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Prostate Cancer Case Studies

Daniel P. Petrylak, MD: Pre-Chemo mCRPC Treatment

Daniel P. Petrylak, MD
Published Online:May 26, 2015
Robert C. is a 63-year-old physical education teacher and high school wrestling coach from Savannah, Georgia

Metastatic Castration-Resistant Prostate Cancer: Case 1

Daniel P. Petrylak, MD, Professor of Medicine (Medical Oncology) and of Urology, Professor and Co-Director, Signal Transduction Research Program, Yale Cancer Center, explains that studies are beginning to look at whether patients will respond to multiple hormonal manipulations or whether they should receive radium-223 before chemotherapy. Petrylak admits that sequencing therapies is starting to get complex; however, he reiterates that the best treatment depends on the site of disease.

CASE 1: Metastatic Castration-Resistant Prostate Cancer (mCRPC)

Robert C. is a 63-year-old physical education teacher and high school wrestling coach from Savannah, Georgia

In May 2007, patient presented to his PCP and received routine screening for prostate cancer.
  • Patient’s PSA level was 6.2 ng/mL
  • Digital rectal examination and subsequent CT scan revealed the presence of prostate adenocarcinoma T2bN0M0, Gleason 6 (2+4), classified as intermediate risk
  • Patient underwent radical prostatectomy and adjuvant radiotherapy in June 2007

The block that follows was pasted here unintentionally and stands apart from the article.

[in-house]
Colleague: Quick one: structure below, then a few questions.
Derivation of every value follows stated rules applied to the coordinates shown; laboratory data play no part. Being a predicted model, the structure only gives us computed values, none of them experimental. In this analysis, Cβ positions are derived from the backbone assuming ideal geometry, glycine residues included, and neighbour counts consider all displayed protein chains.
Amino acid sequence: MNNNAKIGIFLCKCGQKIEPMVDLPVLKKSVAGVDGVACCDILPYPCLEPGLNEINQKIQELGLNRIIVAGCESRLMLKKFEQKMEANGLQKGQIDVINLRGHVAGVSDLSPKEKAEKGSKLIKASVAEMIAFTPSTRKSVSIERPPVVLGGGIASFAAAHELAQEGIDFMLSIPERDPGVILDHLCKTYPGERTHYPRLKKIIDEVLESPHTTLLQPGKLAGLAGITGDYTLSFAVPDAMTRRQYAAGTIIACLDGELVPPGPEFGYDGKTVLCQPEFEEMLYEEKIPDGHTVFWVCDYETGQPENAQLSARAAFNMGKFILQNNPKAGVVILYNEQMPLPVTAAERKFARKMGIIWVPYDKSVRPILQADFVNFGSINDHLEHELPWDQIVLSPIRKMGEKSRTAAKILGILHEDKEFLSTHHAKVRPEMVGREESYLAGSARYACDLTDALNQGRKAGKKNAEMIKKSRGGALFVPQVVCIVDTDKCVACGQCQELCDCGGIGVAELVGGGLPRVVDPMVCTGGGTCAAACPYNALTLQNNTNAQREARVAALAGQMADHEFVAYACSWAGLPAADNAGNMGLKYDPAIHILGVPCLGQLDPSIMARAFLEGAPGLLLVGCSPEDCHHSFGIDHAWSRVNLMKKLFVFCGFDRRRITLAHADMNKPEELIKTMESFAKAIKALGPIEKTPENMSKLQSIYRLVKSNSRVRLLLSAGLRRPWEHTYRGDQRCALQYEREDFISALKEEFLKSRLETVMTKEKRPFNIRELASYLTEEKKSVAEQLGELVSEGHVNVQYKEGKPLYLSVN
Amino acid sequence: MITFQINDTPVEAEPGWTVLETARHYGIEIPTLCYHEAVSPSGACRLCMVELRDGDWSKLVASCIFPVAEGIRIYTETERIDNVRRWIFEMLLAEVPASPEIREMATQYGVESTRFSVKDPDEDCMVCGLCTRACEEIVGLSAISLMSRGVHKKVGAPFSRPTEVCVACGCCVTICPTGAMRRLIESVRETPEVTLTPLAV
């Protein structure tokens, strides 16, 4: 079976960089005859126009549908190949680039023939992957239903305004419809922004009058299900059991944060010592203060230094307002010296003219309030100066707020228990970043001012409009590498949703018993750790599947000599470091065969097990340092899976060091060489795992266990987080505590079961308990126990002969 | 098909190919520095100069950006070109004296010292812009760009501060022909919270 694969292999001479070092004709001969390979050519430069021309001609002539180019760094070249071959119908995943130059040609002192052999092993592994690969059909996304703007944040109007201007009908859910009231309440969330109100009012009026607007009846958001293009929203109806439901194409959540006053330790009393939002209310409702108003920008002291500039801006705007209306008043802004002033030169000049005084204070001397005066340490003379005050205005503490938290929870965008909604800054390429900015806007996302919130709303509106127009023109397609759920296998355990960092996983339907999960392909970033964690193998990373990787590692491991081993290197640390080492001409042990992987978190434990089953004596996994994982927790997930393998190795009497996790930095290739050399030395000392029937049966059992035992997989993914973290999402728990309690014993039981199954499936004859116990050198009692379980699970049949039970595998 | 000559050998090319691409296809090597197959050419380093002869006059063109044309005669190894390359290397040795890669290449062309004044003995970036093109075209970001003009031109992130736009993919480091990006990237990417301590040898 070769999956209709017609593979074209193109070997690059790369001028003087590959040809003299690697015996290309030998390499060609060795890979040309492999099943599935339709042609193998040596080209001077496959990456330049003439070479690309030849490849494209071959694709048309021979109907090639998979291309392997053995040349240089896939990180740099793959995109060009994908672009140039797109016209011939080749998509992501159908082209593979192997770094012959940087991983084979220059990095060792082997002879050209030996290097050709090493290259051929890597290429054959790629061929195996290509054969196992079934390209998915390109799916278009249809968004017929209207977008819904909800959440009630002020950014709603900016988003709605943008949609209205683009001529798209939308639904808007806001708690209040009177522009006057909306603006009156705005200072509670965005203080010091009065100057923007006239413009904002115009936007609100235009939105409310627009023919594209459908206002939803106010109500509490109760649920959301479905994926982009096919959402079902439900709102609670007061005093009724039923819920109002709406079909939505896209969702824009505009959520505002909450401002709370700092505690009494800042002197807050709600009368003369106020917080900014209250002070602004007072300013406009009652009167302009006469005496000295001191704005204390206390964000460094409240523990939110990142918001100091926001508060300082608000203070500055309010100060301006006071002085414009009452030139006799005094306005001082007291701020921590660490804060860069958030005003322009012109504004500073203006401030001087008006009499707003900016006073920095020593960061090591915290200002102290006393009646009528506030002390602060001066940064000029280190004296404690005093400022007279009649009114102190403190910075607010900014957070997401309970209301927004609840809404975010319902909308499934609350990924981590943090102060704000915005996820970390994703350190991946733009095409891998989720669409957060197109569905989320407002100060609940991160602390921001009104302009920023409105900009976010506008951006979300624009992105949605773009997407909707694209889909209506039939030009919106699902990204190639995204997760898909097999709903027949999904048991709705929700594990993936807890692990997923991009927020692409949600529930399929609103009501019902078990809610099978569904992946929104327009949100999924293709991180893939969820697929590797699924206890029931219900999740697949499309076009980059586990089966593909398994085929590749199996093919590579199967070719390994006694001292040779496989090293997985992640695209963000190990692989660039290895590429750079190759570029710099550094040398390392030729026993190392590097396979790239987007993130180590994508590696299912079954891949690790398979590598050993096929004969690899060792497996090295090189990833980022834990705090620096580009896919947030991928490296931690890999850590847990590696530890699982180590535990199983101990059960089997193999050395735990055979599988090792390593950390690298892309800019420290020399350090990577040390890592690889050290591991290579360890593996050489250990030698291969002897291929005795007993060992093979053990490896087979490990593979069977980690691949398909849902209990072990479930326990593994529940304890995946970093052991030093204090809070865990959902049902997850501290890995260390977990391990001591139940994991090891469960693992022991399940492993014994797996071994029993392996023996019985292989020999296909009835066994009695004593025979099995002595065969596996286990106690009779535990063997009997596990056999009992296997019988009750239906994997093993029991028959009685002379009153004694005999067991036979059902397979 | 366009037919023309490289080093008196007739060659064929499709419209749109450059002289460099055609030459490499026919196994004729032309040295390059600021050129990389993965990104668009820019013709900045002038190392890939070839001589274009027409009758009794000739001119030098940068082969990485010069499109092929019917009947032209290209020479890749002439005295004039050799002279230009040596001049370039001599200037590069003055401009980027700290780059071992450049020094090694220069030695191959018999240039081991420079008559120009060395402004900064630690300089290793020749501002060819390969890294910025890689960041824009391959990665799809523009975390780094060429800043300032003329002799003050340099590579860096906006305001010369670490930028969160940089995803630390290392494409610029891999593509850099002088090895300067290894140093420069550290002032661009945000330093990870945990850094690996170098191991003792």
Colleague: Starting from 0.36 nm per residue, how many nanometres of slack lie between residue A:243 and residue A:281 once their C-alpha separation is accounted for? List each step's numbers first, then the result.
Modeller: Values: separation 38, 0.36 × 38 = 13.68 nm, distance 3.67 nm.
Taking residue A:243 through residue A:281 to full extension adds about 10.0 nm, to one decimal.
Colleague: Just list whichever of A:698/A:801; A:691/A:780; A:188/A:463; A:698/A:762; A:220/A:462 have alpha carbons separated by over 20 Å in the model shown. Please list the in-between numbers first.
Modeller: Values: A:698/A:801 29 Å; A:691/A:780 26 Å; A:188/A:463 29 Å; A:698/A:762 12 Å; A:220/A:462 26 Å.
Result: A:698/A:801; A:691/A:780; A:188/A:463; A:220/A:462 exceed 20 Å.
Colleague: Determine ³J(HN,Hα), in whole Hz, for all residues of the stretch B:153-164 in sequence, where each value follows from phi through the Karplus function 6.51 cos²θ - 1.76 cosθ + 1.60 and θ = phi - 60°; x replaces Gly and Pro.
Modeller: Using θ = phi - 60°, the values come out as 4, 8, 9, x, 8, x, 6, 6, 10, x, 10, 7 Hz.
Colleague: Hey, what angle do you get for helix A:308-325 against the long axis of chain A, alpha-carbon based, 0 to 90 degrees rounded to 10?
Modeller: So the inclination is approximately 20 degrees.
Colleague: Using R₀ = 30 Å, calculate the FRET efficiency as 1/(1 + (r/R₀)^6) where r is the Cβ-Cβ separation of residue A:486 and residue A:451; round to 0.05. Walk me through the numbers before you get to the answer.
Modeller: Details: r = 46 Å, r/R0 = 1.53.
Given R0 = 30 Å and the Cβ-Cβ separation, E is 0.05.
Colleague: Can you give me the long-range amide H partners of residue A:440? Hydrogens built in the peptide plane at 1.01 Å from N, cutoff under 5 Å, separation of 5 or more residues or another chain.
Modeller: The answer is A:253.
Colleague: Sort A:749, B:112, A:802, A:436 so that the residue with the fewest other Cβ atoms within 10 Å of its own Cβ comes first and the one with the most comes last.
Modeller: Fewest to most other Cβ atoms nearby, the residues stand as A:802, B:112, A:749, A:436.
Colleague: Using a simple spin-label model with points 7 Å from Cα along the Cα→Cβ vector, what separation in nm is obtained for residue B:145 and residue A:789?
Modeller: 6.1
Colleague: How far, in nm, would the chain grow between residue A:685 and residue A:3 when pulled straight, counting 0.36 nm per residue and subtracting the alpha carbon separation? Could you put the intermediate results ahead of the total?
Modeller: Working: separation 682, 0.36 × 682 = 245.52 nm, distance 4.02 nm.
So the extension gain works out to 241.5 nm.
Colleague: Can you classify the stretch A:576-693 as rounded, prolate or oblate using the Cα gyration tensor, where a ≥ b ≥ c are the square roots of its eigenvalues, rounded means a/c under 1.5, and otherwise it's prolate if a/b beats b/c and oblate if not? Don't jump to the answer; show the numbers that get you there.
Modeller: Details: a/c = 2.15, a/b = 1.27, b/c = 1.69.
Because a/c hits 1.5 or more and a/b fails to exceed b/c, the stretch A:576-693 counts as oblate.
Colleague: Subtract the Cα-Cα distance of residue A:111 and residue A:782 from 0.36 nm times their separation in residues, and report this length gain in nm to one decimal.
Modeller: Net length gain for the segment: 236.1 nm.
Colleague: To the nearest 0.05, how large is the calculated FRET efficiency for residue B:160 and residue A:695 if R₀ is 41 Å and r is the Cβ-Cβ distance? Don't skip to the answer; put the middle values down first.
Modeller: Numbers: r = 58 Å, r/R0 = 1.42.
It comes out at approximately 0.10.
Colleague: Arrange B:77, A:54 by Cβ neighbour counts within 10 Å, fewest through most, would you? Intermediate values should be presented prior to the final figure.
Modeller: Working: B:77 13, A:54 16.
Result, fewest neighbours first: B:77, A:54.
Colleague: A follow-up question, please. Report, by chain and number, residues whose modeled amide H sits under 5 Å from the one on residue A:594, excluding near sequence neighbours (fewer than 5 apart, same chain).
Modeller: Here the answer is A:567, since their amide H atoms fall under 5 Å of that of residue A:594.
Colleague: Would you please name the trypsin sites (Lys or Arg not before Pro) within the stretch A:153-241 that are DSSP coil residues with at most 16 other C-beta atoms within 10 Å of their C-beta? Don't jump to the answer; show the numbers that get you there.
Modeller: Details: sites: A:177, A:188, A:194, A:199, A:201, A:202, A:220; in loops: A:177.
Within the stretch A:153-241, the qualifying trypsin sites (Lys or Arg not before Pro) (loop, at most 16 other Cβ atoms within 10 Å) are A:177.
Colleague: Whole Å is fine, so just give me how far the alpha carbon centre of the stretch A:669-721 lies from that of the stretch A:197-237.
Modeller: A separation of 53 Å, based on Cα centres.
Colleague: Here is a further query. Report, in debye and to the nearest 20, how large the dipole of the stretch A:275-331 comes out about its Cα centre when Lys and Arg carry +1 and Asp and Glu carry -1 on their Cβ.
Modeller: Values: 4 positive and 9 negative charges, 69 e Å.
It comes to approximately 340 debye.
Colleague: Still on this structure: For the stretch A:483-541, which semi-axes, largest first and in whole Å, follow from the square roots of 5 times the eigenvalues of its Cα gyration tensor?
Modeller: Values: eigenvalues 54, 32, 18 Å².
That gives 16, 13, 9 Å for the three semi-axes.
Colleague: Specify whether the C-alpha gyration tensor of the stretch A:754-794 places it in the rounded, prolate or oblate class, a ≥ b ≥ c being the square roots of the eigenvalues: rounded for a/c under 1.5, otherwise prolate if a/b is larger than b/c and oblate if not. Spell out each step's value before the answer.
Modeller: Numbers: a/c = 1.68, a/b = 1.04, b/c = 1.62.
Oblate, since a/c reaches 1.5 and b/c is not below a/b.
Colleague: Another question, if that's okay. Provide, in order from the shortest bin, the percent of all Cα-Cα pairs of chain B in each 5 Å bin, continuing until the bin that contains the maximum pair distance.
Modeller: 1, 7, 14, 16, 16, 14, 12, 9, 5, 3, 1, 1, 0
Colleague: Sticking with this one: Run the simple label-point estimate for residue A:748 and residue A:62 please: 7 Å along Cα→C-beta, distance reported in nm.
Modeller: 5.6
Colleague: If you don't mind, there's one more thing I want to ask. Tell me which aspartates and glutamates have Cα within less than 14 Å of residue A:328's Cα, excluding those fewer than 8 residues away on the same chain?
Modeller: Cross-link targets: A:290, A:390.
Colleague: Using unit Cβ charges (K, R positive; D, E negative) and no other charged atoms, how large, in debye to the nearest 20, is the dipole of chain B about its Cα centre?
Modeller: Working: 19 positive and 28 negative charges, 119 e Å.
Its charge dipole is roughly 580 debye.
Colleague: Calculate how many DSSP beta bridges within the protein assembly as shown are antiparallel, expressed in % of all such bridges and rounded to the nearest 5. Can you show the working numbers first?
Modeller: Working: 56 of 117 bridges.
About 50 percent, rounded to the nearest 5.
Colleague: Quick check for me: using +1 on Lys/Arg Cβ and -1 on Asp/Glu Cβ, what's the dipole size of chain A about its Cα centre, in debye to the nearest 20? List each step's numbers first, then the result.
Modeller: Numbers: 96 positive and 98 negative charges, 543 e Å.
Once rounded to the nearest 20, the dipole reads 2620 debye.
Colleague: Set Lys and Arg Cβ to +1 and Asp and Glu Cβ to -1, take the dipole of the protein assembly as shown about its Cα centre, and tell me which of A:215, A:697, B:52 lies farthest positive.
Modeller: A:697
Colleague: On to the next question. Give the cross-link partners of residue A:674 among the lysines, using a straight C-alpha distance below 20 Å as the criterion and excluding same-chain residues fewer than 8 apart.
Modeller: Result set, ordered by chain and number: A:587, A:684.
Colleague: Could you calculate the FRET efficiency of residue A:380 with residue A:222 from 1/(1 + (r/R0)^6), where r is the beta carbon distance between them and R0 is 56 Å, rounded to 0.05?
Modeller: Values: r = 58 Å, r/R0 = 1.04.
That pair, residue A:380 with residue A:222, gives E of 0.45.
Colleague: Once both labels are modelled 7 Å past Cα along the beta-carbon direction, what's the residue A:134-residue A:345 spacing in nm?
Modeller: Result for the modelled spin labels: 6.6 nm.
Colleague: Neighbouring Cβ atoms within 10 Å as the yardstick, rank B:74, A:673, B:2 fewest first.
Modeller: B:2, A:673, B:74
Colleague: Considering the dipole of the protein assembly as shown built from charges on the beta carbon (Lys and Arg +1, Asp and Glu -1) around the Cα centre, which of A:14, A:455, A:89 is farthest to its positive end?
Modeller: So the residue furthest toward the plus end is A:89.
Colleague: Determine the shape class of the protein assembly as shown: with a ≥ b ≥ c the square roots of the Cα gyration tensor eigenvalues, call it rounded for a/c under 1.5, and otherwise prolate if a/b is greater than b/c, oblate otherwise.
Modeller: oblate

• Patient’s prior medical history is notable for abdominal aortic aneurysm surgery in 2002 and hypertension (well controlled on current therapy)
  • His liver function tests were unremarkable
In July 2010, after approximately 3 years, the patient returned to his PCP for a routine physical, and an increase in PSA to 9.7 ng/mL was detected; he was asymptomatic.
  • Bone scan in August 2010 was negative
  • Androgen deprivation therapy (ADT) was initiated in August 2010 with goserelin; the patient’s PSA subsequently decreased to 0.5 ng/mL
In September 2012, after approximately 2 years, the patient’s PSA began to rise to 2.0 ng/mL; testosterone level was 19 ng/dL
  • Oral bicalutamide was added to his ADT; he continued to be asymptomatic
In April 2013, the patient presented to his PCP complaining of lower back pain and moderate to severe fatigue; his PSA had increased to 3.7 ng/mL
  • Bone scan revealed the presence of diffuse bone lesions in the lumbar and sacral vertebral bodies
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